Our Bothan spies have been hard at work in Noale, and they bring us word of a project brewing at Aprilia: a two-cylinder supersport model, that should debut for the 2020 model year.
The concept for this new model is pretty simple: take the class-leading Aprilia RSV4 superbike (which is also set for an update in 2019), lop off the rear cylinders, thus making it a parallel-twin engine. Boom goes the dynamite.
Something as ubiquitous as traction control is still slow to come to the supersport space, while it remains a standard feature on virtually every new street bike model. The concept is so foreign in this segment that less than half of the available supersports on the market have a traction control option.
One of those brands is MV Agusta, which was the first motorcycle marque to bring TC to the supersport class. Now, the Italian brand is ready to raise the bar another notch further, bringing the power of an inertial measurement unit (IMU) to supersport riders.
There will be a new Kawasaki Ninja ZX-6R for the 2019 model year, of this much we are certain.
It is a story that has been floating around for over a year now (I thought we had reported it already, but apparently not), but now this rumor is heating up, and we have some details to share.
First off, the confirmation. Making filings with the California Air Resources Board (CARB), we see that Kawasaki has plans for a new ZX-6R. It will have a 636cc (cheater) displacement, and produce roughly half the emissions of the previous model.
Likely ready for the coming wave of Euro5 emission regulations, details from across the pond show a power decrease and weight increase for the 2019 Kawasaki Ninja ZX-6R, and point to a whole-new motorcycle coming from Team Green.
For those who don’t know, the Dunlop KR451 slick tire has been the spec-tire for the MotoAmerica Supersport classes, in a 180/55 R17 configuration for the rear wheel.
Choosing now to develop the race tire specifically for supersport riders, Dunlop is releasing the KR451 to fit the 5.5-inch rim used on modern supersports. This has lead to the creation of a 180/60 R17 rear tire size for the new KR451 slick – in soft and medium compounds.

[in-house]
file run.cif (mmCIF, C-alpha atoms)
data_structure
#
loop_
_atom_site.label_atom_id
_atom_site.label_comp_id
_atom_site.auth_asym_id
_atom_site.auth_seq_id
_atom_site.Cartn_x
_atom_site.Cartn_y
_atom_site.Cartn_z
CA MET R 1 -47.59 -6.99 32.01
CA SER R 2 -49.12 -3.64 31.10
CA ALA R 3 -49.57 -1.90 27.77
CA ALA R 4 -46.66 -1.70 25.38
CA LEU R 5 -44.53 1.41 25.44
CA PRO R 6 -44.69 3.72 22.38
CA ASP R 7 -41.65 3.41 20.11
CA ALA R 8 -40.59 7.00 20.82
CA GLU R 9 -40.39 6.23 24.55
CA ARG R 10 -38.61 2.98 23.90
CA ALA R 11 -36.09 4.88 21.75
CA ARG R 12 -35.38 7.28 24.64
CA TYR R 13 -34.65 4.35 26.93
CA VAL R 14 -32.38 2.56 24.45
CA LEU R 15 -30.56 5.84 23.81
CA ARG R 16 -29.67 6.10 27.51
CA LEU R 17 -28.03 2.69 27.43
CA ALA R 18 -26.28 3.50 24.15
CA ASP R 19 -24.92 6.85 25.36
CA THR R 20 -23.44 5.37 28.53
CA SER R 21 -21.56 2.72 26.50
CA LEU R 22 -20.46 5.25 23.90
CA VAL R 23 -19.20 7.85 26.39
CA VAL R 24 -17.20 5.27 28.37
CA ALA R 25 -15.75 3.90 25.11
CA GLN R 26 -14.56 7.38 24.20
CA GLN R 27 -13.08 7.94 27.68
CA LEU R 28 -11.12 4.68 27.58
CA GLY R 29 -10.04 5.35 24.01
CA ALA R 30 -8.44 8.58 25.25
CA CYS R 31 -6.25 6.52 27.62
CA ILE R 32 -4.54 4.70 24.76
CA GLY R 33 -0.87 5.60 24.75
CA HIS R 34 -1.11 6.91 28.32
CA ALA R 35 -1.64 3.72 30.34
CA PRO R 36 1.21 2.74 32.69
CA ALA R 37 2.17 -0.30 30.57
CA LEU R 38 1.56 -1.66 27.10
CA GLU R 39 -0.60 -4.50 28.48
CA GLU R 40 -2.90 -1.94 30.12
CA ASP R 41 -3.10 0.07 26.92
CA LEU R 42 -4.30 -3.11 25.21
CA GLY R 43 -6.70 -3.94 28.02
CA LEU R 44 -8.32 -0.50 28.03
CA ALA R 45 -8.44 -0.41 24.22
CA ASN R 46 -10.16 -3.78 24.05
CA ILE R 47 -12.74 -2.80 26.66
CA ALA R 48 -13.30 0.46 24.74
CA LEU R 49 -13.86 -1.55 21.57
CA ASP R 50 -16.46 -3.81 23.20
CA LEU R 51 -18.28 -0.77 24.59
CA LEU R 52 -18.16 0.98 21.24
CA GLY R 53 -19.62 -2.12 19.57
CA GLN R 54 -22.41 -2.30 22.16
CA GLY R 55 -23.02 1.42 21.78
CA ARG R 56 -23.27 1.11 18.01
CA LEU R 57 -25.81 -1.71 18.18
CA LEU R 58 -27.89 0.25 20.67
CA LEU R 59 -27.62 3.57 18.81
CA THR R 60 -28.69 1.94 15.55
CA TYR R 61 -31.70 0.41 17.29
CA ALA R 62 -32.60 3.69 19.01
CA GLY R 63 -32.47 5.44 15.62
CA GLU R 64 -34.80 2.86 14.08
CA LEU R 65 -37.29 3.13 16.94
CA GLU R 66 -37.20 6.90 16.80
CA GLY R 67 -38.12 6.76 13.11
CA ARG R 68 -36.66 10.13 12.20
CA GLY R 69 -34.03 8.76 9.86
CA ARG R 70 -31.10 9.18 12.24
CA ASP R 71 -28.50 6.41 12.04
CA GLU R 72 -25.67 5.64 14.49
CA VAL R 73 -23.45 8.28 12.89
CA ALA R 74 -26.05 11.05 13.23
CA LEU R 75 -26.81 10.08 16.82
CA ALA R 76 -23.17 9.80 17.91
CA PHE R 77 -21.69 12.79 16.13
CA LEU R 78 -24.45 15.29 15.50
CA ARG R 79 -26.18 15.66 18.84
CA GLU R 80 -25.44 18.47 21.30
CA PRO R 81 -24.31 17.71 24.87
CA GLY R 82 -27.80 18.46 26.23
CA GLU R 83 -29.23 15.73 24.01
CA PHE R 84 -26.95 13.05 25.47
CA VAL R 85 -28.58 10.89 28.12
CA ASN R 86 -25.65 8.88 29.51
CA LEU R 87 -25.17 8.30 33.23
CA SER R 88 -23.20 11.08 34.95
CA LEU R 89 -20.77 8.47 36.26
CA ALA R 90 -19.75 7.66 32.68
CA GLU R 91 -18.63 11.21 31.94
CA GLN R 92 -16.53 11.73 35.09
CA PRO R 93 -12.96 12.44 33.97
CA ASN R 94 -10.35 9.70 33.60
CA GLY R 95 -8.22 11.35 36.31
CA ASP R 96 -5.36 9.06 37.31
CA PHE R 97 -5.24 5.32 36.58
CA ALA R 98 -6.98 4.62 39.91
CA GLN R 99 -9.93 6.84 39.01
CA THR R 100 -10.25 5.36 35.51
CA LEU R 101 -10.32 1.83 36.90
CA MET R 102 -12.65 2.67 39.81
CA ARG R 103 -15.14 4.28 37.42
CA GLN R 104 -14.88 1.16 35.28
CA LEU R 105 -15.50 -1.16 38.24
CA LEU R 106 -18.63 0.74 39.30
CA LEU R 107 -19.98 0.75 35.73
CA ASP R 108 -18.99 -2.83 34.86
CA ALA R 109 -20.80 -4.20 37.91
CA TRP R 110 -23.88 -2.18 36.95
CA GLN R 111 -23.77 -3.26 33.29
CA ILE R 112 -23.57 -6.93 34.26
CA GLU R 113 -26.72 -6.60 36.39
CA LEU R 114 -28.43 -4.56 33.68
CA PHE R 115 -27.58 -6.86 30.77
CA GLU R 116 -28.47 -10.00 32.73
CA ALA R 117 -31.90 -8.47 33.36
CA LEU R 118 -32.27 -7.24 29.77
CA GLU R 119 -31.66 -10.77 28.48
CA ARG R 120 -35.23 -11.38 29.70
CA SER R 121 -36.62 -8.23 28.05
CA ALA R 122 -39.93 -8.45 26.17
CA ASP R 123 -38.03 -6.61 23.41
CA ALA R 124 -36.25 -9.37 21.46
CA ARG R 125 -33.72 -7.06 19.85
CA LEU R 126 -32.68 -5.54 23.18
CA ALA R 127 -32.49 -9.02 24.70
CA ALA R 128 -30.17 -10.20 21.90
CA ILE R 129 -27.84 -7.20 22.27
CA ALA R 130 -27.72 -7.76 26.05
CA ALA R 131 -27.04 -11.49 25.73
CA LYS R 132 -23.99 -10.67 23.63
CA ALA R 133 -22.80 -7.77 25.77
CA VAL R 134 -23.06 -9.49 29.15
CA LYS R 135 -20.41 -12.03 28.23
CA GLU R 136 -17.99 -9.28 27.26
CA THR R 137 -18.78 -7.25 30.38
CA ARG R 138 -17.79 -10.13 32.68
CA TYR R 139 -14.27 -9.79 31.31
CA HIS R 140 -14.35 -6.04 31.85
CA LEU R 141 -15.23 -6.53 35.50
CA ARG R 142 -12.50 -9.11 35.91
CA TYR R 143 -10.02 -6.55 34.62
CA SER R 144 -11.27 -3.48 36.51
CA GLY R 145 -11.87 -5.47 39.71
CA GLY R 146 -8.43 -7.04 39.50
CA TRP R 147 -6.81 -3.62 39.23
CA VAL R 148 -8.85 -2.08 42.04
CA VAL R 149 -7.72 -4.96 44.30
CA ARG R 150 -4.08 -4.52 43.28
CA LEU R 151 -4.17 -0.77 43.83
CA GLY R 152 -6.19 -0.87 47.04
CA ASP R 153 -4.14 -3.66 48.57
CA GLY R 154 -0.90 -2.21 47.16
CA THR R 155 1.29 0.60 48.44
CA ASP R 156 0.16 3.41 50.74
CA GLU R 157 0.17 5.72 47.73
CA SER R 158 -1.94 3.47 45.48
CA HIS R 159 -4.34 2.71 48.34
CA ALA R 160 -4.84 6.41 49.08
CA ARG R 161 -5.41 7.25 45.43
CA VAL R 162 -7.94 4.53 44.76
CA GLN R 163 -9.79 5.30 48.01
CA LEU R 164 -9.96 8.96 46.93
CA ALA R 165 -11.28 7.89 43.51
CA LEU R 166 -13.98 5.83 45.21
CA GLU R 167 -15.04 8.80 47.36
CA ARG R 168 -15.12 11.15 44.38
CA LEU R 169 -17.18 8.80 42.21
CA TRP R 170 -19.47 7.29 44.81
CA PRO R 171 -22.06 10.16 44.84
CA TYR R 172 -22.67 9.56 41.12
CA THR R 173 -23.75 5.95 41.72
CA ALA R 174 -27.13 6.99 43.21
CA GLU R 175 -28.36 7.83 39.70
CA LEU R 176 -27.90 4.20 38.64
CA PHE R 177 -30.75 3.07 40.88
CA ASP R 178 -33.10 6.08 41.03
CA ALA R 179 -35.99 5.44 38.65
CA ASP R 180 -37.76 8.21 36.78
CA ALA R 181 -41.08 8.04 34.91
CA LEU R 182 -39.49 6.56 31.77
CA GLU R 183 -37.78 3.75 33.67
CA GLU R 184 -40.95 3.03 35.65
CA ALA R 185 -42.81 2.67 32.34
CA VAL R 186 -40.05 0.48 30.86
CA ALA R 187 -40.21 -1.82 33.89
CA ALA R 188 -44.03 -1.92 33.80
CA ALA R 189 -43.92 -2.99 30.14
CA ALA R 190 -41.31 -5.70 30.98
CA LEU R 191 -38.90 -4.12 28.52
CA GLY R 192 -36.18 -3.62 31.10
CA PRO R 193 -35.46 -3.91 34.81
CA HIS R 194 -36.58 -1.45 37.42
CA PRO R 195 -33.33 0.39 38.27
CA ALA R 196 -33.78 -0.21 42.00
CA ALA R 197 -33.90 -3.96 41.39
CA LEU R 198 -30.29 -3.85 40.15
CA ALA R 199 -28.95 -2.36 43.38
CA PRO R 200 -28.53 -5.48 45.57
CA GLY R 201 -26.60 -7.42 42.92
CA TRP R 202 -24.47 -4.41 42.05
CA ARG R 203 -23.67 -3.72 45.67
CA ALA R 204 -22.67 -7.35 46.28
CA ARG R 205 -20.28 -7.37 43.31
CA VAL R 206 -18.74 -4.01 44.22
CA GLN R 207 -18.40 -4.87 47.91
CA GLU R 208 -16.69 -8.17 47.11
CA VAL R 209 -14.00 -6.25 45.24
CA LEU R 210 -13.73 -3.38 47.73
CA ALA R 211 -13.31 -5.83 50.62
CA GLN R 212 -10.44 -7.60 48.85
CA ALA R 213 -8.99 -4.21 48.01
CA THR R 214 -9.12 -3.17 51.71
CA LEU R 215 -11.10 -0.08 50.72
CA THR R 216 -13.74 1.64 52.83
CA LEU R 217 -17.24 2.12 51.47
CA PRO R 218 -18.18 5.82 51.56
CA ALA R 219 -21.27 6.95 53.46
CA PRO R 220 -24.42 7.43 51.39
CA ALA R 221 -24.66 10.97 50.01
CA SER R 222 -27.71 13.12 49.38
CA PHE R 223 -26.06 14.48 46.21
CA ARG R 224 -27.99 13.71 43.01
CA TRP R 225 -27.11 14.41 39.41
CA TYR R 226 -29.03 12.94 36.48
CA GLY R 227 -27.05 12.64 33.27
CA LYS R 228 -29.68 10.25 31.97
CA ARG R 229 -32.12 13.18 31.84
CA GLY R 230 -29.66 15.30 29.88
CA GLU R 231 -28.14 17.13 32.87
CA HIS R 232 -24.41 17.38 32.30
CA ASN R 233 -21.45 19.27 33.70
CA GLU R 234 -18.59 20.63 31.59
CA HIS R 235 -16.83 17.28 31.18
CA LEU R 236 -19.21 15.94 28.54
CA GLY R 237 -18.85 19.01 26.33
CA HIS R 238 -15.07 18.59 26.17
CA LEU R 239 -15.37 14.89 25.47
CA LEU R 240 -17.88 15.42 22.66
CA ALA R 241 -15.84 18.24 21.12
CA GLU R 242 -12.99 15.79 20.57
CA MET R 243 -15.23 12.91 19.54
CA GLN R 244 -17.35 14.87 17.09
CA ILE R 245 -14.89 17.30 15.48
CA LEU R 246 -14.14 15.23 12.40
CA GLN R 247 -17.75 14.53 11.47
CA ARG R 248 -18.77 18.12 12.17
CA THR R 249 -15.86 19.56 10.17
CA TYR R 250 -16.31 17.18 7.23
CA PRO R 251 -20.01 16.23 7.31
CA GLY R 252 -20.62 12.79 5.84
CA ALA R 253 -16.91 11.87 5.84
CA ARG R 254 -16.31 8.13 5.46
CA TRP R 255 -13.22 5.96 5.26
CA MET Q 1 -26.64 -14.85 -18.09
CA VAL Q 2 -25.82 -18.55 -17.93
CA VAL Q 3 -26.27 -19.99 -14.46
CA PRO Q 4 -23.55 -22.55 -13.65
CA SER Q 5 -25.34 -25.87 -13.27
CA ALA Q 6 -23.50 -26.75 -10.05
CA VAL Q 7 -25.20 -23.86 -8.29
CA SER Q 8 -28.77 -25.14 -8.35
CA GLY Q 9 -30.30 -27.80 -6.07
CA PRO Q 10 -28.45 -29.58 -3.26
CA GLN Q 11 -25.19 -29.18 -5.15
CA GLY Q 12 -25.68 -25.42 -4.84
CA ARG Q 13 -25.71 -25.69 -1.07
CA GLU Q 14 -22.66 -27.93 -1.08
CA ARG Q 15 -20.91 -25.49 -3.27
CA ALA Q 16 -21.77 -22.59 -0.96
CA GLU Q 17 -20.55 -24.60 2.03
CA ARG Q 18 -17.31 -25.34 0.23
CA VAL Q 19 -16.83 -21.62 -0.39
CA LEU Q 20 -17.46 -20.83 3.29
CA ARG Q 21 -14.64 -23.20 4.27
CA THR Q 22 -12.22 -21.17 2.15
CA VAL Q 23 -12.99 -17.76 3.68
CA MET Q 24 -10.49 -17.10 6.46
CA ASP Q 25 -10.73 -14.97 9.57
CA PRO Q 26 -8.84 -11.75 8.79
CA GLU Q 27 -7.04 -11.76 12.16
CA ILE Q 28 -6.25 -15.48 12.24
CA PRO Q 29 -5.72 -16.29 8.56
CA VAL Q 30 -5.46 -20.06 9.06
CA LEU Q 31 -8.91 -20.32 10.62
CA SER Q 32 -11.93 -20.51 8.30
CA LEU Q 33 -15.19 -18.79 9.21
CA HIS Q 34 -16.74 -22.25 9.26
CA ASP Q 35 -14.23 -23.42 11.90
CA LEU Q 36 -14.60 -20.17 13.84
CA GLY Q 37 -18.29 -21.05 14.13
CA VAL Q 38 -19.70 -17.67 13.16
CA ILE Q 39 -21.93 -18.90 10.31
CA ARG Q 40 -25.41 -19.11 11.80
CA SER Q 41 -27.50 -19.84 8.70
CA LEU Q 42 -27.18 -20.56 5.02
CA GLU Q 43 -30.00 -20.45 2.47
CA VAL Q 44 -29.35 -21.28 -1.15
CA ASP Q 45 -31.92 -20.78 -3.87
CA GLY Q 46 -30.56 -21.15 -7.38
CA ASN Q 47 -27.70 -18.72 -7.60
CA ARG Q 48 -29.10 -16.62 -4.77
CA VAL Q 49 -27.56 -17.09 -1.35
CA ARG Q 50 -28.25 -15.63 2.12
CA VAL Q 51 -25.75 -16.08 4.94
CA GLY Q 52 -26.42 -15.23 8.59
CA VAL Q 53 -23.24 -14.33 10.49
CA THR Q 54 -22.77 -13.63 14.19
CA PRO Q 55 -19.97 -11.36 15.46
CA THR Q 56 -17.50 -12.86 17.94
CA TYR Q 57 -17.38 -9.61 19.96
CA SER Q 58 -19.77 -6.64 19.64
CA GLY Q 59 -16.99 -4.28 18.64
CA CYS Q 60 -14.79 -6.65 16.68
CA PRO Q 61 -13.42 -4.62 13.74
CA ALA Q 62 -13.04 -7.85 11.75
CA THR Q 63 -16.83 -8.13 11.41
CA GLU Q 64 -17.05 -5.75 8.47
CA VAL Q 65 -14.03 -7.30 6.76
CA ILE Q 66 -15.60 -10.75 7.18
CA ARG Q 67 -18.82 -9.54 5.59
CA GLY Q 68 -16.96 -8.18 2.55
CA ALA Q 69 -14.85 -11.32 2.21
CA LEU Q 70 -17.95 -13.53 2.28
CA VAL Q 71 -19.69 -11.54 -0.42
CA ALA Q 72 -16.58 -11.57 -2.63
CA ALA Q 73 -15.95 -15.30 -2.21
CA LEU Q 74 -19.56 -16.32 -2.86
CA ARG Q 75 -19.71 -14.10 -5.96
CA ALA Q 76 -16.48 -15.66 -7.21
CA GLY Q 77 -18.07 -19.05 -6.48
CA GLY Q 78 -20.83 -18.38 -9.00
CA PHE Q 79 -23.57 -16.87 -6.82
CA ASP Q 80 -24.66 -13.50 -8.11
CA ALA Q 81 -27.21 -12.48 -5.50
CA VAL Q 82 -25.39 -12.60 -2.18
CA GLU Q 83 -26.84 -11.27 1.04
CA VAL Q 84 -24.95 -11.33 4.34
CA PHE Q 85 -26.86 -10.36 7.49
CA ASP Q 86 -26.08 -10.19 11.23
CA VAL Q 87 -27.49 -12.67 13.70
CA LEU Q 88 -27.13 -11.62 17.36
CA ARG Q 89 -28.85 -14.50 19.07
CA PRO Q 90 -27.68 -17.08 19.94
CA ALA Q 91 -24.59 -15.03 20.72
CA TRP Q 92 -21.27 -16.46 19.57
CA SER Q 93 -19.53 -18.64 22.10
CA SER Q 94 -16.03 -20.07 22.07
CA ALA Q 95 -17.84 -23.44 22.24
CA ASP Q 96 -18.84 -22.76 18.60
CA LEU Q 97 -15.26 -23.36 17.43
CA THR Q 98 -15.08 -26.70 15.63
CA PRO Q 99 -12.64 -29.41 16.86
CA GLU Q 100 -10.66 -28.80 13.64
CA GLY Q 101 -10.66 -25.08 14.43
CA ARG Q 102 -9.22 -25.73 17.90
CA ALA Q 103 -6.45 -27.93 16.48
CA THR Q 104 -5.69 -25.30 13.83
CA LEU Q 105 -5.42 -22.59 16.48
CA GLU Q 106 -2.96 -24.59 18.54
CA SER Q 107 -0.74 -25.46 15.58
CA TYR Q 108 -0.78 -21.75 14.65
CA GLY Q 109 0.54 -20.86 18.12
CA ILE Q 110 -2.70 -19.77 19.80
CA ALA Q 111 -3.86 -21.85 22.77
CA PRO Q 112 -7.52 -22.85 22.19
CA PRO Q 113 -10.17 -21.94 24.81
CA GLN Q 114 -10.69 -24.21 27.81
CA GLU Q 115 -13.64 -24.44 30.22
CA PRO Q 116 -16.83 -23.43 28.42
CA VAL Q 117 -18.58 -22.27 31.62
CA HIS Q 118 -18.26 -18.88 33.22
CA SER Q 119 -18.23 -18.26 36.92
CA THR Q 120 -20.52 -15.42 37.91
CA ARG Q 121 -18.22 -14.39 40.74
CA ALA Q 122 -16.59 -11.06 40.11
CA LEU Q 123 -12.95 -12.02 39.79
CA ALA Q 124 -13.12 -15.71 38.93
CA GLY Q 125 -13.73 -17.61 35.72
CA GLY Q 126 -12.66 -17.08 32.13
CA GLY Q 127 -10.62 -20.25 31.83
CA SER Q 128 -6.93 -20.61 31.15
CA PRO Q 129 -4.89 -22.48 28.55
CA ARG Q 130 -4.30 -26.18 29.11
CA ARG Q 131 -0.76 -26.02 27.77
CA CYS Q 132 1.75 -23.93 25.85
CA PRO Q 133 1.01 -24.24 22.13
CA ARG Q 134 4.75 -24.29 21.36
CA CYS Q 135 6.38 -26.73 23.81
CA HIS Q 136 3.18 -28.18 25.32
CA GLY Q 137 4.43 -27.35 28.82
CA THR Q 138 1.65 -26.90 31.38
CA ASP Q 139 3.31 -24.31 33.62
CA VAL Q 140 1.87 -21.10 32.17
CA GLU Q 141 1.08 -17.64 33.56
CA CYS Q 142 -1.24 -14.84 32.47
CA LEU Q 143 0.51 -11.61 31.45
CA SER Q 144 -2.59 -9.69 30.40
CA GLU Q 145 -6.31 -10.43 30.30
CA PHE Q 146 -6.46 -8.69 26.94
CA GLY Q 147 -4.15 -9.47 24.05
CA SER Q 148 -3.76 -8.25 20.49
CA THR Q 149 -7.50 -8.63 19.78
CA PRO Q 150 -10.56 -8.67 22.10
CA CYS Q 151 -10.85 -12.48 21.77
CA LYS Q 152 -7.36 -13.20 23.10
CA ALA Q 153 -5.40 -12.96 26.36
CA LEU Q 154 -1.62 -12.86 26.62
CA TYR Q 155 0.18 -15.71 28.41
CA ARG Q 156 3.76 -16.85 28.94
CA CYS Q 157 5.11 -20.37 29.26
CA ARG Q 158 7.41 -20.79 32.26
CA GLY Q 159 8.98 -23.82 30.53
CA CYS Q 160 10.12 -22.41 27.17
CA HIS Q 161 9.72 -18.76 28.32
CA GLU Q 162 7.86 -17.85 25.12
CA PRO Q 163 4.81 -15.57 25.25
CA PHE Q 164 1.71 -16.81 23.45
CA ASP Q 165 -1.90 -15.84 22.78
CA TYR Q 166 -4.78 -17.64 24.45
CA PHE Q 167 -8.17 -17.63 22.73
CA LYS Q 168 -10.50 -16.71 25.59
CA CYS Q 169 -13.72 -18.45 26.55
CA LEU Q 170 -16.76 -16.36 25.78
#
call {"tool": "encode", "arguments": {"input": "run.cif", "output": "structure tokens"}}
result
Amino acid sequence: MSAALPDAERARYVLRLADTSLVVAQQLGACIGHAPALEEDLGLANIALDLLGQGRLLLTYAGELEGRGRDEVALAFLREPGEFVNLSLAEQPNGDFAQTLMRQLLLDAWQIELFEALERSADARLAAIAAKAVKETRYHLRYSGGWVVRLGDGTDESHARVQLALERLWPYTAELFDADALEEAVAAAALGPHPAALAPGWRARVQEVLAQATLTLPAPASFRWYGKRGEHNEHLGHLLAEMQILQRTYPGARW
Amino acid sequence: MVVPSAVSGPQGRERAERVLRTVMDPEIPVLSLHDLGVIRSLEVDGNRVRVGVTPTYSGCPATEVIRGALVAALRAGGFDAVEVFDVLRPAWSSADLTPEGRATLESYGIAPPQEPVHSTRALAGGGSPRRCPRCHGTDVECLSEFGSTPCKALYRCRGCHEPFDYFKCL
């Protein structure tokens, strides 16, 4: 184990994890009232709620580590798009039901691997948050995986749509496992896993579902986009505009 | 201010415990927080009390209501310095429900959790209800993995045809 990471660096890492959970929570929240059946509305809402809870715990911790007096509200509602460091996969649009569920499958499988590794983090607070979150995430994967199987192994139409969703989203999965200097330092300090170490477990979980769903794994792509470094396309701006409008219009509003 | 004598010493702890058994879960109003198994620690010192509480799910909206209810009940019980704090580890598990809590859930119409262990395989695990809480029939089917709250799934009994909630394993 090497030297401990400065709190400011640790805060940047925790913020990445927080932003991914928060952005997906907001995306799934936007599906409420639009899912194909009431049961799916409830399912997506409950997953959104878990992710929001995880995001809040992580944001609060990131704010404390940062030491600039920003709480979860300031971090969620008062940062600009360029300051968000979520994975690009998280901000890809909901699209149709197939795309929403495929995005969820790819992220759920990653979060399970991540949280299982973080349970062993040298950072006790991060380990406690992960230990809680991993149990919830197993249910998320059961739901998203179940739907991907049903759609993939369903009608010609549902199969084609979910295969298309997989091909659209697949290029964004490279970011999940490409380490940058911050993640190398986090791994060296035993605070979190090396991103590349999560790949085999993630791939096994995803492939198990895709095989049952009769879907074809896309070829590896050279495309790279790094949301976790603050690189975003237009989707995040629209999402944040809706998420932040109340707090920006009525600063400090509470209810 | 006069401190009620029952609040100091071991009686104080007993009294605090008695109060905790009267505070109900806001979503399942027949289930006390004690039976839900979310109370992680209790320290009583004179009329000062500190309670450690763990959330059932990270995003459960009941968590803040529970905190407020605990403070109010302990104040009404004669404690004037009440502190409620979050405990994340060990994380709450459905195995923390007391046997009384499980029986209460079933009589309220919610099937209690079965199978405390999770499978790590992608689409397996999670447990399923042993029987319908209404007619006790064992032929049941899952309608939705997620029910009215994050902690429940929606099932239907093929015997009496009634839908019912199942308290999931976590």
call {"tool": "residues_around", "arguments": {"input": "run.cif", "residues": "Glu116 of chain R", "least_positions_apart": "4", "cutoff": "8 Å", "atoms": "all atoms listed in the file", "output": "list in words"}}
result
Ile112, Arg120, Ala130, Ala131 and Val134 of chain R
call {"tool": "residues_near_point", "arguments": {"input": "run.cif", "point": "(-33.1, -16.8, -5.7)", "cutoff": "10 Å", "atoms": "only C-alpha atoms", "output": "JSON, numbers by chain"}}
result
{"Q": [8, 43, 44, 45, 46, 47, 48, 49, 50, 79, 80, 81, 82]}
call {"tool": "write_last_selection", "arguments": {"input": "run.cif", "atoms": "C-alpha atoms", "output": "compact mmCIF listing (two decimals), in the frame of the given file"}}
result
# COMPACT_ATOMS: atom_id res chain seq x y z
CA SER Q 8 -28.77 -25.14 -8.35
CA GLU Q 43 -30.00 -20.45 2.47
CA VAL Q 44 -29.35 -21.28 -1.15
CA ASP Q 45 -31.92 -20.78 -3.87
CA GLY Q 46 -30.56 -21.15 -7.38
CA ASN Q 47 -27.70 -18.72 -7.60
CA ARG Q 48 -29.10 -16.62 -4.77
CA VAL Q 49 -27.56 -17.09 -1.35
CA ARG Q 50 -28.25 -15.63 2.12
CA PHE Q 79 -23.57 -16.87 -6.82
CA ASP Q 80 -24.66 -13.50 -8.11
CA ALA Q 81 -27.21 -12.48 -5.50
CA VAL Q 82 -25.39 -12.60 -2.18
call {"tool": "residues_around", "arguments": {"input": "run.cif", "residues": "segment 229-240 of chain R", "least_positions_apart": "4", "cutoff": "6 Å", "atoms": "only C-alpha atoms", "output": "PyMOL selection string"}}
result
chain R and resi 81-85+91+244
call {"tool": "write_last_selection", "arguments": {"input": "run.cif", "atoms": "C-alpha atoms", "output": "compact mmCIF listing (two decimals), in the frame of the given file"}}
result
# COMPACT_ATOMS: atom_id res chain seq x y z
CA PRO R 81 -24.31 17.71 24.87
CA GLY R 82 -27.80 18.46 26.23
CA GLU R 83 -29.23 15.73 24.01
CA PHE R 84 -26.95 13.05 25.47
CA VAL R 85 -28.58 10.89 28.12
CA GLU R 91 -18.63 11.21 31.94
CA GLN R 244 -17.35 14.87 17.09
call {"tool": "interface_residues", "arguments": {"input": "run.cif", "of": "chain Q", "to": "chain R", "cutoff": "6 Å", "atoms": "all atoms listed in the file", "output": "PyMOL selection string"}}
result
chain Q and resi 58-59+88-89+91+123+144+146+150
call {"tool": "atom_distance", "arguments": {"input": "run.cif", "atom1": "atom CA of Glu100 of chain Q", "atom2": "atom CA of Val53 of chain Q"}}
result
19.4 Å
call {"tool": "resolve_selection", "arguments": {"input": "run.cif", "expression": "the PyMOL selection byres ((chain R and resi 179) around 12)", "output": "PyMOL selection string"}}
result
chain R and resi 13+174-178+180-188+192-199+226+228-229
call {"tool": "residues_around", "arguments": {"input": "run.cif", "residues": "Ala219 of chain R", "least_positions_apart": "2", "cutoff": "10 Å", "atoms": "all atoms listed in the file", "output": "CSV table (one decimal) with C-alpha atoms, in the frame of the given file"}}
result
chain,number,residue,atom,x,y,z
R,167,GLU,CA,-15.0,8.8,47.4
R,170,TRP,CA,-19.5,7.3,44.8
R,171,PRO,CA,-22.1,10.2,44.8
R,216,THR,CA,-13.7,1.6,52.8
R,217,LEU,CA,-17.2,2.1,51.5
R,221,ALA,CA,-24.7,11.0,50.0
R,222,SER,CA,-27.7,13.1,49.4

Monday’s racing action at the 2017 Isle of Man TT saw the supersport machines taking to the Mountain Course, for the four laps of the Monster Energy Supersport TT Race 1. Despite the change in the machinery, the narrative remained focused on two men: Ian Hutchinson and Michael Dunlop.
With Hutchinson already taking the honors in the opening Superbike TT, the question remained whether Dunlop would respond on the 600cc machines – a class where he typically goes quite well around the TT course.
The was a resounding yes, with Michael Dunlop taking Race 1 of the Supersport TT in a convincing fashion, making this his 14th Isle of Man TT race victory.
After the debut of the GSX-R1000, there has been a bit of talk about Suzuki’s plans for the rest of its sportbike lineup, namely the GSX-R600 and GSX-R750. A story from AMCN pointed to a new GSX-R750 for the 2019 model year, but said that the GSX-R600 would be no more.
We would be on the wrong side of confirmation bias if we said that today’s news supports our claim, but what we can tell you is that it doesn’t look like new GSX-R600 or GSX-R750 models will be coming for the 2018 model year, as Suzuki Motor of America just filed some interesting paperwork with the California Air Resources Board.